Fair Trade as a norm

I Shop Fair: Fairtrade Fast Becoming the Norm?

According to two reports by Fairtrade International (www.fairtrade.net) the number of Fairtrade certified goods is still still on the increase and there are no signs of it slowing down. Indeed from 2010 to 2011 there was a 10% increase in number of total fairtrade producer organizations worldwide and 13 % increase in number of total farmers and workers involved in fairtrade. The reports being cited in this article are:

1. Monitoring Report 2012, available on:

www.fairtrade.net/fileadmin/user_upload/content/2009/resources/2012-Monitoring_report_web.pdf; and

2. Let’s make Fairtrade the norm, available on:

Fairtrade brings many benefits to peope in developing countries. In the first report it was argued that “one of the ways in which Fairtrade contributes most strongly to rural development is by giving farmers and workers a unique opportunity to plan, design, and implement development projects for their communities through participatory decision-making processes“. However in order for fairtrade to become the norm more important person need to become involved in fair trade other that the producer, which of course is you, the consumer.

Do you shop fair?

At the Annual Commercial Conference in London the outcomes of IDG VistaShopper research were revelead to the public and to some people’s suprise the UK has the biggest share of Fairtrade market. Research found out that more than a third (35%) of shoppers in UK say they have specifically chosen to buy Fairtrade in recent weeks (compared with 9% who said this in 2006). What people miss the most is better awareness where money is spent on what differrence buying of fairtrade product will make and how standards of fairtrade are monitored. As argued during the conference and cited in the second paper referred to:

“Fairtrade is a movement whose time has truly come. It began on the fringes, but has been growing in terms of sales and support for many years. One in five shoppers expect to buy more Fairtrade in the year to come – and only one in 100 are expecting to buy less. I believe the ultimate objective now should be to make Fairtrade mainstream“.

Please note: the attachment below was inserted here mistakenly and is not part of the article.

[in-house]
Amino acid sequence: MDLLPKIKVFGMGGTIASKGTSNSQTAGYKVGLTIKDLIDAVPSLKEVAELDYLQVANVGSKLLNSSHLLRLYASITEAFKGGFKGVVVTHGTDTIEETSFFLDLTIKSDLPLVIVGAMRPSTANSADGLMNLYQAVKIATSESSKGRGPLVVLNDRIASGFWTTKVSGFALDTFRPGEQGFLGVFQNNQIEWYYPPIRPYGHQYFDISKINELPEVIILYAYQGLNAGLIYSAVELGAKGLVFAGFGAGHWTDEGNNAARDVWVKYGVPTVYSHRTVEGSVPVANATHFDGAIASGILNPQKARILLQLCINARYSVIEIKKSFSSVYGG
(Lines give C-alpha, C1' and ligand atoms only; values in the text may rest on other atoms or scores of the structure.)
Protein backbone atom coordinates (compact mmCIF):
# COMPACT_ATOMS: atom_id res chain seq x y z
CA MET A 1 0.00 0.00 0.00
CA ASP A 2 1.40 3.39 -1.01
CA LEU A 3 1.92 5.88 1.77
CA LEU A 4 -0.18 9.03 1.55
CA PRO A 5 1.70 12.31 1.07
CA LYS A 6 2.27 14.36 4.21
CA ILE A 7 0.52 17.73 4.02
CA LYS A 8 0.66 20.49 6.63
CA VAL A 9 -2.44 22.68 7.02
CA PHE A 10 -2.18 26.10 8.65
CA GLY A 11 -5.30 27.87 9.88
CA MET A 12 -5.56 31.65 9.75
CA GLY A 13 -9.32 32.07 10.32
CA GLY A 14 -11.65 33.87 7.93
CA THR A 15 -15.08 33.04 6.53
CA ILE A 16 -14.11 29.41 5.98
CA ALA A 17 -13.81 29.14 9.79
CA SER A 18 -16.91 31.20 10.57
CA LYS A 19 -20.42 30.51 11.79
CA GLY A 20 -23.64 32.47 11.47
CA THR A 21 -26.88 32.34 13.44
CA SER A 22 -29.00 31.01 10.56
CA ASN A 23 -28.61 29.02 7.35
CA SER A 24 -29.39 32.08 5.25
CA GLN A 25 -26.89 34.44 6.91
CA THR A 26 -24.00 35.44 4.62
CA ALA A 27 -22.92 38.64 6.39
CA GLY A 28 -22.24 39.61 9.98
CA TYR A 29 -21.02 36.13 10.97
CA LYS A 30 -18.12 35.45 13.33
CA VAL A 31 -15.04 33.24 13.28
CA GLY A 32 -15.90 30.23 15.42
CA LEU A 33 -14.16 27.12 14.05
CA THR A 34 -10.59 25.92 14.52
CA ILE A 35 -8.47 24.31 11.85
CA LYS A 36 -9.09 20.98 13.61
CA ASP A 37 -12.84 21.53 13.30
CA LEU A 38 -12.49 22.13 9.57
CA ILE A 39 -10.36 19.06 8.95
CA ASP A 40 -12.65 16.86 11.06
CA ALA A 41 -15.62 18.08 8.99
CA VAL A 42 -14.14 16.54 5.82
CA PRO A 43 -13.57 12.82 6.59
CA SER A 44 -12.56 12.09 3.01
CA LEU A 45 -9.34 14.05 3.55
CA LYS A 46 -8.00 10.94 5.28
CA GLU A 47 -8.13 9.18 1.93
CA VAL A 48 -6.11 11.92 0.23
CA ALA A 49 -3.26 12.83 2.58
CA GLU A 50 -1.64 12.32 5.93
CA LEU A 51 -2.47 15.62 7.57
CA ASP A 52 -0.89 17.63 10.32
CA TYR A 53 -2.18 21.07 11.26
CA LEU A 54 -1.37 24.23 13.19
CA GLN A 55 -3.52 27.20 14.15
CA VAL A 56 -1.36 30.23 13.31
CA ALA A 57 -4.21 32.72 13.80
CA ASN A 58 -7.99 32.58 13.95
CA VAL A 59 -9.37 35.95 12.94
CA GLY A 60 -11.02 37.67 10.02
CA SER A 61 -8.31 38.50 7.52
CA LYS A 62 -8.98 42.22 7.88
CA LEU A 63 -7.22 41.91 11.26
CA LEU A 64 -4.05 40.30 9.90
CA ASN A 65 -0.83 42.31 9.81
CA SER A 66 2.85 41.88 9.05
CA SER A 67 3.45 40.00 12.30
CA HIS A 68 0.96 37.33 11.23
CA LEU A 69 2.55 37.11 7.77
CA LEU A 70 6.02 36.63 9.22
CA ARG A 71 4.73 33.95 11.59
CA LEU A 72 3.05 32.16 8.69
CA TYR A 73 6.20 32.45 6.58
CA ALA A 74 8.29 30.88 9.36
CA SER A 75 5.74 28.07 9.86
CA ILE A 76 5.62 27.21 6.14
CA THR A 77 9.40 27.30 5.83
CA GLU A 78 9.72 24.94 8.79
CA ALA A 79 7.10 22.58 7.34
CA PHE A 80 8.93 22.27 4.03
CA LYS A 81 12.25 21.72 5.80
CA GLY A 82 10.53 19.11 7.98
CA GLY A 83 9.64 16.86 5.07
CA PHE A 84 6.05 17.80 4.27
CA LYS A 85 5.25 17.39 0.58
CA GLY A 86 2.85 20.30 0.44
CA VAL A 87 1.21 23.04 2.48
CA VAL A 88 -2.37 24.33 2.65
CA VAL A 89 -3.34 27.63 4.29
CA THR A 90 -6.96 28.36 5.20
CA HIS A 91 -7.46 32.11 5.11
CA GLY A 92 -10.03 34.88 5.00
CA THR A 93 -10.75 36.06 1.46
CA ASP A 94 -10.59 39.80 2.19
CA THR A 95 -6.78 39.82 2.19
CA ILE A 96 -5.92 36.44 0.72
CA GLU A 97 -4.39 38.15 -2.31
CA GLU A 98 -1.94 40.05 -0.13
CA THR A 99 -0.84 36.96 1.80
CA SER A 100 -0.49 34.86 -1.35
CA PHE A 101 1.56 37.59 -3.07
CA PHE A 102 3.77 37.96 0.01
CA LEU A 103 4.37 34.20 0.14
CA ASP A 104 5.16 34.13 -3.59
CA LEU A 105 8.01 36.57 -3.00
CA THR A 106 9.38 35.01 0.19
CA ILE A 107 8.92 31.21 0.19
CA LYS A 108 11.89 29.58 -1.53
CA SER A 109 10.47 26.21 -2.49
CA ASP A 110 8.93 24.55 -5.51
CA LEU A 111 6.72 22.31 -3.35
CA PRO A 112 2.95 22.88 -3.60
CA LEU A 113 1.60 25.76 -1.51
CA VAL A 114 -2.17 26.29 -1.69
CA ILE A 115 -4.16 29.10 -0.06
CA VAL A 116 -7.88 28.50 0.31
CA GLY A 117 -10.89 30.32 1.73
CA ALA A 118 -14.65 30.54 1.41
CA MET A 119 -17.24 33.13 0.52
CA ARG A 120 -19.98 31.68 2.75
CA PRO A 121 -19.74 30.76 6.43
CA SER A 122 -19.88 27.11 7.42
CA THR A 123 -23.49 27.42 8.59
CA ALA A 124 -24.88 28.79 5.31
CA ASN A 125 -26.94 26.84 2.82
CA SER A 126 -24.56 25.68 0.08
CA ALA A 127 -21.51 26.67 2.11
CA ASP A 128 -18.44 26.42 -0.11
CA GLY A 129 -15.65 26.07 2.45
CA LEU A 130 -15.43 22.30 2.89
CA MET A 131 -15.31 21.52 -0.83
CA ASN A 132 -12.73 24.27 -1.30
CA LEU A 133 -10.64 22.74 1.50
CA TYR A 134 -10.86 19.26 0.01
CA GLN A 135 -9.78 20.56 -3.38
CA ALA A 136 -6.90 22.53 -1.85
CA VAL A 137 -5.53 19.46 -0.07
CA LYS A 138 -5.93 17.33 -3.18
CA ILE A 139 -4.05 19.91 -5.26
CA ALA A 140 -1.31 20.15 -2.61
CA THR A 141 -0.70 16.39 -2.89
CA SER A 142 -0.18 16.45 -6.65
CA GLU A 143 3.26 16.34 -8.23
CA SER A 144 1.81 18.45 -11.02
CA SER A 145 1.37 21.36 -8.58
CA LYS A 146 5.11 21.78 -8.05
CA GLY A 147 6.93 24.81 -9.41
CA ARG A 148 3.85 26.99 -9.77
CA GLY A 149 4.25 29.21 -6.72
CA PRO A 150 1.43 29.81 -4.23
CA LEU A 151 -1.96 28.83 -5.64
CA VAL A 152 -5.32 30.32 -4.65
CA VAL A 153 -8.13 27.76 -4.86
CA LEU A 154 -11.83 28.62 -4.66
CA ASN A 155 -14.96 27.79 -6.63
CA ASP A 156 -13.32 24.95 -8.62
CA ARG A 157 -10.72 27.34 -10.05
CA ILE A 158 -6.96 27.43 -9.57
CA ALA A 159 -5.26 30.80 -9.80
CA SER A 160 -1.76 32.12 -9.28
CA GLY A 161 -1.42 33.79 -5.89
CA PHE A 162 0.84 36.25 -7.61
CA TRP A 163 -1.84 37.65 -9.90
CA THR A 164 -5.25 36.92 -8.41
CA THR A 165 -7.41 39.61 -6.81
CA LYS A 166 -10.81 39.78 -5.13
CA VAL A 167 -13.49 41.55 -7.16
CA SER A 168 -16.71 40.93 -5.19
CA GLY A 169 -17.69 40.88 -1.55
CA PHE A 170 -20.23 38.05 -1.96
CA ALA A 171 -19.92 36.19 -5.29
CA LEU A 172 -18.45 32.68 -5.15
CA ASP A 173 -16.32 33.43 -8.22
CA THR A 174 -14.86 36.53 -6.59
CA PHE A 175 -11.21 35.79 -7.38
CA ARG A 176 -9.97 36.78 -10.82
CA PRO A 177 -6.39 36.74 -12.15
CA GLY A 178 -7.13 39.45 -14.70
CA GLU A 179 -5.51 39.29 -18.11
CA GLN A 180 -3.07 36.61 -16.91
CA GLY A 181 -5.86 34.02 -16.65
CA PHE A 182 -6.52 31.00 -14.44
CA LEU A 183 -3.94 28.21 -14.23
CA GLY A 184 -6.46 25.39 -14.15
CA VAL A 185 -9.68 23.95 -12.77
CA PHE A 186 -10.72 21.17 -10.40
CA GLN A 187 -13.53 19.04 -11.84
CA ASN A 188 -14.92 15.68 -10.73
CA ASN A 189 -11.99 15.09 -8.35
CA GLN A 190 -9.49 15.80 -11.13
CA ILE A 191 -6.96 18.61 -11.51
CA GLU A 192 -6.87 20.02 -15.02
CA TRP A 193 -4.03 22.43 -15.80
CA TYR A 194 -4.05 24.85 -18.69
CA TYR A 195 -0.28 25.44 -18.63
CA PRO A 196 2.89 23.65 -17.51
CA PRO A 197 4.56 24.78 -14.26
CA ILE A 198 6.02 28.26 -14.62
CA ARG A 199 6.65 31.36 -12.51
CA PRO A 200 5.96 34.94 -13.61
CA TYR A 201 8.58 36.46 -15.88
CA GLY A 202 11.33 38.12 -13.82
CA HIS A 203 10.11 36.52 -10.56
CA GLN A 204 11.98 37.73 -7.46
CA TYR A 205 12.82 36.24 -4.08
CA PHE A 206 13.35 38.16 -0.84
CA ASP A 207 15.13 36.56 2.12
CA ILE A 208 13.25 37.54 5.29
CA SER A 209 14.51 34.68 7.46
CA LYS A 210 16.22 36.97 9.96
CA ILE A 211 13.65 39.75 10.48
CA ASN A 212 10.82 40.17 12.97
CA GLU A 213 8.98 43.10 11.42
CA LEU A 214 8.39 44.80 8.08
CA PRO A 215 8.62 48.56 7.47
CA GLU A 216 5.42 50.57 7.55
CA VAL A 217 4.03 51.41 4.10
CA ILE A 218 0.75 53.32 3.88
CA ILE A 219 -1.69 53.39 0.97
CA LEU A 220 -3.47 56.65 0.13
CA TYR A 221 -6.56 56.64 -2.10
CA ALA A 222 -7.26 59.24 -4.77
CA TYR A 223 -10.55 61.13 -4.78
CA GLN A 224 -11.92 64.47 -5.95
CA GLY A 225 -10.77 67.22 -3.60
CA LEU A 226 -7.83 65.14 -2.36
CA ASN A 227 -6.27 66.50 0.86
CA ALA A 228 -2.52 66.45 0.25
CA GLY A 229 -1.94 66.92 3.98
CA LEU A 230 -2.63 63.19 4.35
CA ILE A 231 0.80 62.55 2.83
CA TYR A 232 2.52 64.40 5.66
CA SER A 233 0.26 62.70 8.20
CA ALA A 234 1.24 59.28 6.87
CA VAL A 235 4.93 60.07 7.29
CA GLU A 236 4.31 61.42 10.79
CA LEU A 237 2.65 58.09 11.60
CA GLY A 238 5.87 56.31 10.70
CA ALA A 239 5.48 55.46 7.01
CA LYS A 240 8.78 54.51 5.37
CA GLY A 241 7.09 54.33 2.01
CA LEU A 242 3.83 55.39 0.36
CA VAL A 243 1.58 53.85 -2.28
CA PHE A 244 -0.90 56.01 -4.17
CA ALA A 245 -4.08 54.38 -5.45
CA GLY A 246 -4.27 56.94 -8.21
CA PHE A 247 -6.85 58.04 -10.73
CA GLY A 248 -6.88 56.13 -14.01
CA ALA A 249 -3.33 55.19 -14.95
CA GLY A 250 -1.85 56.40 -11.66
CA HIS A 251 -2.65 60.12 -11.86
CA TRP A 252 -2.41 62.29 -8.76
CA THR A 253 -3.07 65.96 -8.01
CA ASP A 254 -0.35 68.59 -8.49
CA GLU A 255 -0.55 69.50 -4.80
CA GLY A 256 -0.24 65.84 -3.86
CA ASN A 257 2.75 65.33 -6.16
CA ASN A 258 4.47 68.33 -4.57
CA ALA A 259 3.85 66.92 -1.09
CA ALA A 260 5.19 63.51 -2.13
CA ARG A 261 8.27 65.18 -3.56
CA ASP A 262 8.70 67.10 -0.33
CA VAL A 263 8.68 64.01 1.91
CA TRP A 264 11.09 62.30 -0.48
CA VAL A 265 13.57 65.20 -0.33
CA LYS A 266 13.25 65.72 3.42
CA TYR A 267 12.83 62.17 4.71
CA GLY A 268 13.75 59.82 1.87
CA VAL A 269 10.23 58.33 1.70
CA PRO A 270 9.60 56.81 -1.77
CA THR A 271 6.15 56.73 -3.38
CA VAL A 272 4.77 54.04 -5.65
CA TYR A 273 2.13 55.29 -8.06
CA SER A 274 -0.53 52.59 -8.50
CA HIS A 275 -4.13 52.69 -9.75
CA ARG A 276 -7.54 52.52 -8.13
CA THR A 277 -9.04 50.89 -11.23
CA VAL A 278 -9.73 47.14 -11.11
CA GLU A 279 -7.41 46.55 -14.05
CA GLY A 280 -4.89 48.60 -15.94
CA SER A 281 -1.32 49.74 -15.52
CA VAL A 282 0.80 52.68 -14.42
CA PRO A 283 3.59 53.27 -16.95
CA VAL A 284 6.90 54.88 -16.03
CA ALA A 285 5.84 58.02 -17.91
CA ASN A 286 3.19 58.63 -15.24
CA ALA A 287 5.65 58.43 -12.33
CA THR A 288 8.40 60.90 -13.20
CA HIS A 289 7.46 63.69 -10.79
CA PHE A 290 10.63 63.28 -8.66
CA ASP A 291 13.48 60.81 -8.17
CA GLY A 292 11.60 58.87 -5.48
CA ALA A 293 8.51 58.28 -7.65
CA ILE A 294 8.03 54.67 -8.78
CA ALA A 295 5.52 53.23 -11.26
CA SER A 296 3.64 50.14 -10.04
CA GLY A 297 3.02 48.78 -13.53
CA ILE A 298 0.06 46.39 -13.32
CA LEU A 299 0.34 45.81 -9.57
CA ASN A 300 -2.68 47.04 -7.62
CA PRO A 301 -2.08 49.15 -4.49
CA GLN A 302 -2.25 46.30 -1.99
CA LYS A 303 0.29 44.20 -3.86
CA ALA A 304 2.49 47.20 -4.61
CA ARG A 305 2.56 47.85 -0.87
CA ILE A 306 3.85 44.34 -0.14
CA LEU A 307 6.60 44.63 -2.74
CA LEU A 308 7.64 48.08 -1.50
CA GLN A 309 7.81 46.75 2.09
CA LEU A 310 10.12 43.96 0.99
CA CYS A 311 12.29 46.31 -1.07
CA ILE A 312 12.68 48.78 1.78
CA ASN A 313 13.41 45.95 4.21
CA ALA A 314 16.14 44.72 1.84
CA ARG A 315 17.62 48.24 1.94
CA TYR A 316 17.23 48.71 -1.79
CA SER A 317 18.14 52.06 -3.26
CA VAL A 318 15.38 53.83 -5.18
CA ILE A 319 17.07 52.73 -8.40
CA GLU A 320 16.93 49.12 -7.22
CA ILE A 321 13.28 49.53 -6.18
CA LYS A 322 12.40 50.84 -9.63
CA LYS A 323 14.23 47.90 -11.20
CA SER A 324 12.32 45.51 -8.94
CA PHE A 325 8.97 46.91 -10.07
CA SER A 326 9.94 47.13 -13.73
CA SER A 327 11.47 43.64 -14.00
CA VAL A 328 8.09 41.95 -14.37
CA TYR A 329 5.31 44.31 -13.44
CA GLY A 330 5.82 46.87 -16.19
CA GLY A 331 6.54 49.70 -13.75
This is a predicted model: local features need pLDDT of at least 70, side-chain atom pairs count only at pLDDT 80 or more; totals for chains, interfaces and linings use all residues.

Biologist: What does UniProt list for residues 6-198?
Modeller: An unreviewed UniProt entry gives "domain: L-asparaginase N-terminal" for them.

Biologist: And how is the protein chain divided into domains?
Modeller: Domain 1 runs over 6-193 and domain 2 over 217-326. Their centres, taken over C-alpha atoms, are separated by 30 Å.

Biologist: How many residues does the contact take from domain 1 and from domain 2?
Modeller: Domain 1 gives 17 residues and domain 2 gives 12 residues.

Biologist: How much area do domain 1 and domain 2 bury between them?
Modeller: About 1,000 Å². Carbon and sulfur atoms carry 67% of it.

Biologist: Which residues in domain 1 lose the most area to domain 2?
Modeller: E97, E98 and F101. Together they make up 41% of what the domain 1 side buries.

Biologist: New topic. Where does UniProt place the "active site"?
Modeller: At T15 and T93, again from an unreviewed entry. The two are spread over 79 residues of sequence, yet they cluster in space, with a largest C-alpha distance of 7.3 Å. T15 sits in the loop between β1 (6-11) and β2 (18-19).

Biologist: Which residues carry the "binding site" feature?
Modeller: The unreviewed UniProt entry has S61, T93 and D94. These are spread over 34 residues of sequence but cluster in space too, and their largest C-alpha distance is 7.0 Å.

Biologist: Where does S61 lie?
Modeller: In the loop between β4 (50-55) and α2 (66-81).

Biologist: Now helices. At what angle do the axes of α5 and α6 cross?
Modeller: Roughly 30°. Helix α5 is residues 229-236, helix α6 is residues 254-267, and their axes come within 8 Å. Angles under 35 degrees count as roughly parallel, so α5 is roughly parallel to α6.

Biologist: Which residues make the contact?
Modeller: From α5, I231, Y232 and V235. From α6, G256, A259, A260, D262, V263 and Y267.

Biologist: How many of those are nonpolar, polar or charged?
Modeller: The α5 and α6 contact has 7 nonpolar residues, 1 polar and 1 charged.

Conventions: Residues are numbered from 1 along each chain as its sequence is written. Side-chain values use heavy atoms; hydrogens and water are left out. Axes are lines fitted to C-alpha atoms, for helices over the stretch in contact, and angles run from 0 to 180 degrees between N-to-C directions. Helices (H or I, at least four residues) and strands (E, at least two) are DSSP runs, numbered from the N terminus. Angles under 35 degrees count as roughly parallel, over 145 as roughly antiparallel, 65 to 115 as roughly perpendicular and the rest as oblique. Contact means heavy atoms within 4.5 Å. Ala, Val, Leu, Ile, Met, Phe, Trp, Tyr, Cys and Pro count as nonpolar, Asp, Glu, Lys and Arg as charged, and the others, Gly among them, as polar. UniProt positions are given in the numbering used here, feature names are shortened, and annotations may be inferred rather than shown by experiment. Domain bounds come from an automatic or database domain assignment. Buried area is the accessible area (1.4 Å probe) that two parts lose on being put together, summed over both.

From a global perspective retail sales oin Fairtrade certified products increased by a total of 12% in 2011. Leading fairtrade products are coffee, tea, bananas, cocoa, sugar and flowers and hopefully the list of fairly produced goods will be on the increase.

I Shop Fair Projct

The “I shop fair“ is an EU sponsored project under the EuropeAid budget line, which KKG togther with other participants from the Czech republic, Germany and Austria is involved in. The aim of the project is to raise awareness about the gap between rich countries in the global north and poorer countries in the global south. In particular the project aims at drawing attention about condition and situation of workers in south development countries and build awareness about this issue. The projects is focused on the Garment, Toys, Computer and Flower industry. Project is interested in worker rights and will inform people about all of this by organization of various events, seminars and activities. The website of the project "I shop fair" has been launched recently. More information you can find at www.ishopfair.net

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